Pueraria mirifica is a Thai phytoestrogen-rich herb traditionally used for the treatment of menopausal symptoms. Pueraria lobata is also a phytoestrogen-rich herb traditionally used in Japan, Korea and China for the treatment of hypertension and alcoholism. We evaluated the mutagenic and antimutagenic activity of the two plant extracts using the Ames test preincubation method plus or minus the rat liver mixture S9 for metabolic activation using Salmonella typhimurium strains TA98 and TA100 as indicator strains. The cytotoxicity of the two extracts to the two S. typhimurium indicators was evaluated before the mutagenic and antimutagenic tests. Both extracts at a final concentration of 2.5, 5, 10, or 20 mg/plate exhibited only mild cytotoxic effects. The plant extracts at the concentrations of 2.5, 5 and 10 mg/plate in the presence and absence of the S9 mixture were negative in the mutagenic Ames test. In contrast, both extracts were positive in the antimutagenic Ames test towards either one or both of the tested mutagens 2-(2-furyl)-3-(5-nitro-2-furyl)-acrylamide and benzo(a)pyrene. The absence of mutagenic and the presence of anti-mutagenic activities of the two plant extracts were confirmed in rec-assays and further supported by a micronucleus test where both plant extracts at doses up to 300 mg/kg body weight (equivalent to 16 g/kg body weight plant tuberous powder) failed to exhibit significant micronucleus formation in rats. The tests confirmed the non-mutagenic but reasonably antimutagenic activities of the two plant extracts, supporting their current use as safe dietary supplements and cosmetics.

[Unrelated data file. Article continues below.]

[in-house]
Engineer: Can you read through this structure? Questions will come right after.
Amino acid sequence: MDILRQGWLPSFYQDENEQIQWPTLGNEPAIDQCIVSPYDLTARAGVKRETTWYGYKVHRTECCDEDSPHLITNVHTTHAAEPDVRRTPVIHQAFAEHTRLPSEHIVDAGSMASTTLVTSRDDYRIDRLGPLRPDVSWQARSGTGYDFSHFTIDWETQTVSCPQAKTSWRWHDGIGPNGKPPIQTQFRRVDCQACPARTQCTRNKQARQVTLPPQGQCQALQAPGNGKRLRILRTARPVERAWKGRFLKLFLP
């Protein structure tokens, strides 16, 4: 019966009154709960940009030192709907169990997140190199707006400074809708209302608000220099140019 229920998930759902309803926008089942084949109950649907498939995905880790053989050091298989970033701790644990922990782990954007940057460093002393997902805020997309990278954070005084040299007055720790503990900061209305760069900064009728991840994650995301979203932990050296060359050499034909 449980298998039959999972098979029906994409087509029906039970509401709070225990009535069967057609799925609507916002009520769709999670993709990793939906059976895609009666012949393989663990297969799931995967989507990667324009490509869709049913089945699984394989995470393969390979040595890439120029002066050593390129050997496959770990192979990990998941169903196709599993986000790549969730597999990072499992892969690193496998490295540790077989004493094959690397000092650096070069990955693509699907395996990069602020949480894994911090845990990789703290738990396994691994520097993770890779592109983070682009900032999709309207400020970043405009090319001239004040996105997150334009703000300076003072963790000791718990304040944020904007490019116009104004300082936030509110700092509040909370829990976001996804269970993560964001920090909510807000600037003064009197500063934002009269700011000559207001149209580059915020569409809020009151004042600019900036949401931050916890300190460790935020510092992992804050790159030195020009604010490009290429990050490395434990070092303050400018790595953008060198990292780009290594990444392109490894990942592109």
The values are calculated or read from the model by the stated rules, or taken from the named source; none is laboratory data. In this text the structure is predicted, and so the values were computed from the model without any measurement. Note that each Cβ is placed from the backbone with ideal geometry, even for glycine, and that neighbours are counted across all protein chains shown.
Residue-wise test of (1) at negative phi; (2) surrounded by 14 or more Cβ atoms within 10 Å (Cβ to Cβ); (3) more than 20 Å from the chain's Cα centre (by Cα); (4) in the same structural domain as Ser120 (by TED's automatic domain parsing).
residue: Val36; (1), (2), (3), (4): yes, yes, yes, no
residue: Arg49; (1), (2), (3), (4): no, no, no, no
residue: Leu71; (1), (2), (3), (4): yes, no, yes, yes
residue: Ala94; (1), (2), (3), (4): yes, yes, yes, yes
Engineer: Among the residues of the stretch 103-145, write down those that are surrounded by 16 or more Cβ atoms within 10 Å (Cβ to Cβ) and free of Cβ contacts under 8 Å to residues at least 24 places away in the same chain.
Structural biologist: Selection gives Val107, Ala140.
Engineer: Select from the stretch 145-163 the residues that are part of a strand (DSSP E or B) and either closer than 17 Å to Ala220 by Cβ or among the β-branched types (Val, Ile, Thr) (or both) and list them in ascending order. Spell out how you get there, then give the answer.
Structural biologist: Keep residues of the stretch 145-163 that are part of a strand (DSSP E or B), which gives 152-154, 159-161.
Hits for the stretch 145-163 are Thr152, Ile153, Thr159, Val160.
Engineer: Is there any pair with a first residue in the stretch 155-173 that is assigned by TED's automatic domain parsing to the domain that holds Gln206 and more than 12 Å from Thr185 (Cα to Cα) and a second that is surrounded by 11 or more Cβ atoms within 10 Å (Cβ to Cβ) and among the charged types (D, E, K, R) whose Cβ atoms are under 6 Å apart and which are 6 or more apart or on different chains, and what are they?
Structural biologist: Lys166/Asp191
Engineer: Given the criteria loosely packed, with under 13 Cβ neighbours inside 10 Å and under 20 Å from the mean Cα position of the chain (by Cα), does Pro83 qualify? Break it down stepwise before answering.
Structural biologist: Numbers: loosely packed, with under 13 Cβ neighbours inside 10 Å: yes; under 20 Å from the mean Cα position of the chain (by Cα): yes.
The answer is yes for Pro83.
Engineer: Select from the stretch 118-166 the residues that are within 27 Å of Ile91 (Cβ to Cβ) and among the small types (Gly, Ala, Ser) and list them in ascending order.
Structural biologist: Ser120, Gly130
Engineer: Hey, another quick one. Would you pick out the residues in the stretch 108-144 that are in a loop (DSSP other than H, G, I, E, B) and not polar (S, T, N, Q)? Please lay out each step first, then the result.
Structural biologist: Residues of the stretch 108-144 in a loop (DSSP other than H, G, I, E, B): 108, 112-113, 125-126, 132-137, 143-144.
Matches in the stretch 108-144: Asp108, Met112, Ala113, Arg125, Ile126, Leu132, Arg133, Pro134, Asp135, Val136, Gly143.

Key words: Phytoestrogen; Pueraria mirifica; Pueraria lobata; Mutagenic test; Antimutagenic test; Micronucleus test